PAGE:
The state of Nevada processed the most sports wagers out of every state with legal betting in 2019.
According to figures from the Nevada Gaming Control Board (NGCB), sports bettors in the state of Nevada wagered $5.32bn on sporting events in 2019, up 6.2% on 2018’s total betting handle.
Sports betting revenue also hit $329.1m, a new record for the state that was up 9.3% from 2018’s revenue.
According to figures from UNLV, this is the 10th straight annual handle record set by the Silver State and the second time handle passed $5bn.
For the month of December, sports betting handle in Nevada hit $571.1m and sportsbooks generated $36.3m in betting revenue.
Breaking down the figures
Looking closer at the figures, football was the most popular sport to bet on in Nevada after bettors wagered $1.9bn on the sport in 2019. However, the number of bets placed on the Super Bowl fell for the first time in 10 years with Nevada bookies handling $146m in Super Bowl bets, down from $158m in 2018.
Basketball was the second most popular sport to bet on with $1.7bn in betting handle. Baseball came in at third place with $1.1bn being wagered on the sport.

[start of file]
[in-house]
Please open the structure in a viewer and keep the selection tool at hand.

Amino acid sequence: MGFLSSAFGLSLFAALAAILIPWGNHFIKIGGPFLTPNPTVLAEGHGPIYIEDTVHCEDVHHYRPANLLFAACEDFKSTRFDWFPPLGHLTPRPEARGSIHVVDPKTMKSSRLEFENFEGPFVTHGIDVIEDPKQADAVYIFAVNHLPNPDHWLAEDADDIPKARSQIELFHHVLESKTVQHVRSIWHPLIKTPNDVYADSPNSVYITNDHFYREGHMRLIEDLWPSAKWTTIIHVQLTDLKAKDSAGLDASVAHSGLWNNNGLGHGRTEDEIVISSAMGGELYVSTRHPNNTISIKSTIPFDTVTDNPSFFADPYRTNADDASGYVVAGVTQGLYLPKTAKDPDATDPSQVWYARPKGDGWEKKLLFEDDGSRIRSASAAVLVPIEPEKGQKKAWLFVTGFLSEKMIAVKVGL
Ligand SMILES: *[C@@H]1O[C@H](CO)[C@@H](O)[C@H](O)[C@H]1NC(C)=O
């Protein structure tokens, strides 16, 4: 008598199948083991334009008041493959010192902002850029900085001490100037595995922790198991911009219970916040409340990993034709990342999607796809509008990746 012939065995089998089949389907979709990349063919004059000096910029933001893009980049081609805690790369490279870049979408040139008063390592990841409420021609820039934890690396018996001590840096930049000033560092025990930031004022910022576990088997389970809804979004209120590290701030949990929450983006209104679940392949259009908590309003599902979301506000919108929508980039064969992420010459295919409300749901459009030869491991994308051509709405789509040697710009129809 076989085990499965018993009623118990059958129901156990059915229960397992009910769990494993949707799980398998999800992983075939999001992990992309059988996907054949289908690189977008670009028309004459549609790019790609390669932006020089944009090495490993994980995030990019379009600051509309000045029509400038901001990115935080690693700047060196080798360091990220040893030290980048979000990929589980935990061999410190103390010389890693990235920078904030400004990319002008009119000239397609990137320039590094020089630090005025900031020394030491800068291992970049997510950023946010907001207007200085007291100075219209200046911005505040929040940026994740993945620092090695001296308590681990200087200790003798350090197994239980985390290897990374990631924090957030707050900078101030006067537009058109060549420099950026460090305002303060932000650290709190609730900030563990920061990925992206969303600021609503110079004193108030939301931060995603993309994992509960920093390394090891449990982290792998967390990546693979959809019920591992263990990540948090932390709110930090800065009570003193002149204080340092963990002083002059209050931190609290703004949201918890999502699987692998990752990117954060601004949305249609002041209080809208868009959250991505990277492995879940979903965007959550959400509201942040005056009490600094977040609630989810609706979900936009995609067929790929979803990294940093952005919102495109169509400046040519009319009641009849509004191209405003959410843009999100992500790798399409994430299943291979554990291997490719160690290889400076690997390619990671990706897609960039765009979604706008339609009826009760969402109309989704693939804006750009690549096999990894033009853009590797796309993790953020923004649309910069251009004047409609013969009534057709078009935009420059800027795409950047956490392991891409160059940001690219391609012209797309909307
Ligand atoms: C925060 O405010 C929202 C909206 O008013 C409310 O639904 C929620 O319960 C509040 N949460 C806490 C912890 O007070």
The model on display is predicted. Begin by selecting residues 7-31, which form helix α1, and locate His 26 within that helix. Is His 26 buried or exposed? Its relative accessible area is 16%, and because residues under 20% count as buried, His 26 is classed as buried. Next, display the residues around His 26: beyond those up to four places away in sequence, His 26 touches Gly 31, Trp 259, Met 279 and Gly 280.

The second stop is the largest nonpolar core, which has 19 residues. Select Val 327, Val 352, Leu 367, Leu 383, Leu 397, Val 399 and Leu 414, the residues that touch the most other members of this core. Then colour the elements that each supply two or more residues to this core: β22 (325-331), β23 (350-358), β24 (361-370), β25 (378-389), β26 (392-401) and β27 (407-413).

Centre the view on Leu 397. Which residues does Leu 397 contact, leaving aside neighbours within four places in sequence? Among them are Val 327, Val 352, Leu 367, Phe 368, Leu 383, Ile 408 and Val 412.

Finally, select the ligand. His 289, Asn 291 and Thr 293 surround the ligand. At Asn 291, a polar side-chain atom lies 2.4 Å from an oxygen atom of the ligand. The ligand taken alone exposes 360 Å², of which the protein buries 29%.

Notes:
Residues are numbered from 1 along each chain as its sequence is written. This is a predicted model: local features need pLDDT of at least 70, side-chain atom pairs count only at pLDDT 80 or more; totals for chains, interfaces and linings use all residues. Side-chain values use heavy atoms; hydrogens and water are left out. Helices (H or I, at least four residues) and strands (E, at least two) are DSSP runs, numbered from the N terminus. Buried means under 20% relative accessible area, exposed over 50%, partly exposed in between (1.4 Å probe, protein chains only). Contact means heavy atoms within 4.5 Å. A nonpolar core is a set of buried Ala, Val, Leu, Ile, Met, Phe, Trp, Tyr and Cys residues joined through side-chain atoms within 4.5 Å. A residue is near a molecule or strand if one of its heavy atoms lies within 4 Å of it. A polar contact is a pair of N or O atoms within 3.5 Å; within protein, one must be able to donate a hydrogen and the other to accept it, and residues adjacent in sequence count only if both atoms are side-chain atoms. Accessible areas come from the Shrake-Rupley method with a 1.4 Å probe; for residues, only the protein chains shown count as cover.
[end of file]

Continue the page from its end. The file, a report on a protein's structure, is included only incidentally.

Other sports accounted for $594.8m of the state’s handle, while bettors wagered$50.1m on parlay bets.
Will Nevada be dethroned next year?
It has been just under two years since the repeal of the Professional and Amateur Sports Protection Act (PASPA) in 2018 and now Nevada is facing competition from several other states that offer sports betting.
Based on the latest figures from New Jersey it is entirely possible that the Garden State could overtake Nevada as the US sports betting handle leader. In 2019, New Jersey’s betting handle hit $4.9bn which is an incredibly high figure for a market that has yet to hit its ceiling.
In New Jersey, 83.7% of the state’s total betting handle came from online and mobile sports betting platforms.
Nevada to report mobile betting share next month
Although mobile sports betting came to Nevada in 2010, the state’s regulator has never shown the breakdown between land-based and mobile betting. However, that’s going to change starting next month after Michael Lawton, an NGCB senior research analyst, confirmed that the regulator will display the mobile betting figures separate from land-based starting with next month’s report.
This will provide a much clearer picture of how Nevada’s sports betting industry stacks up against other markets such as New Jersey and Pennsylvania.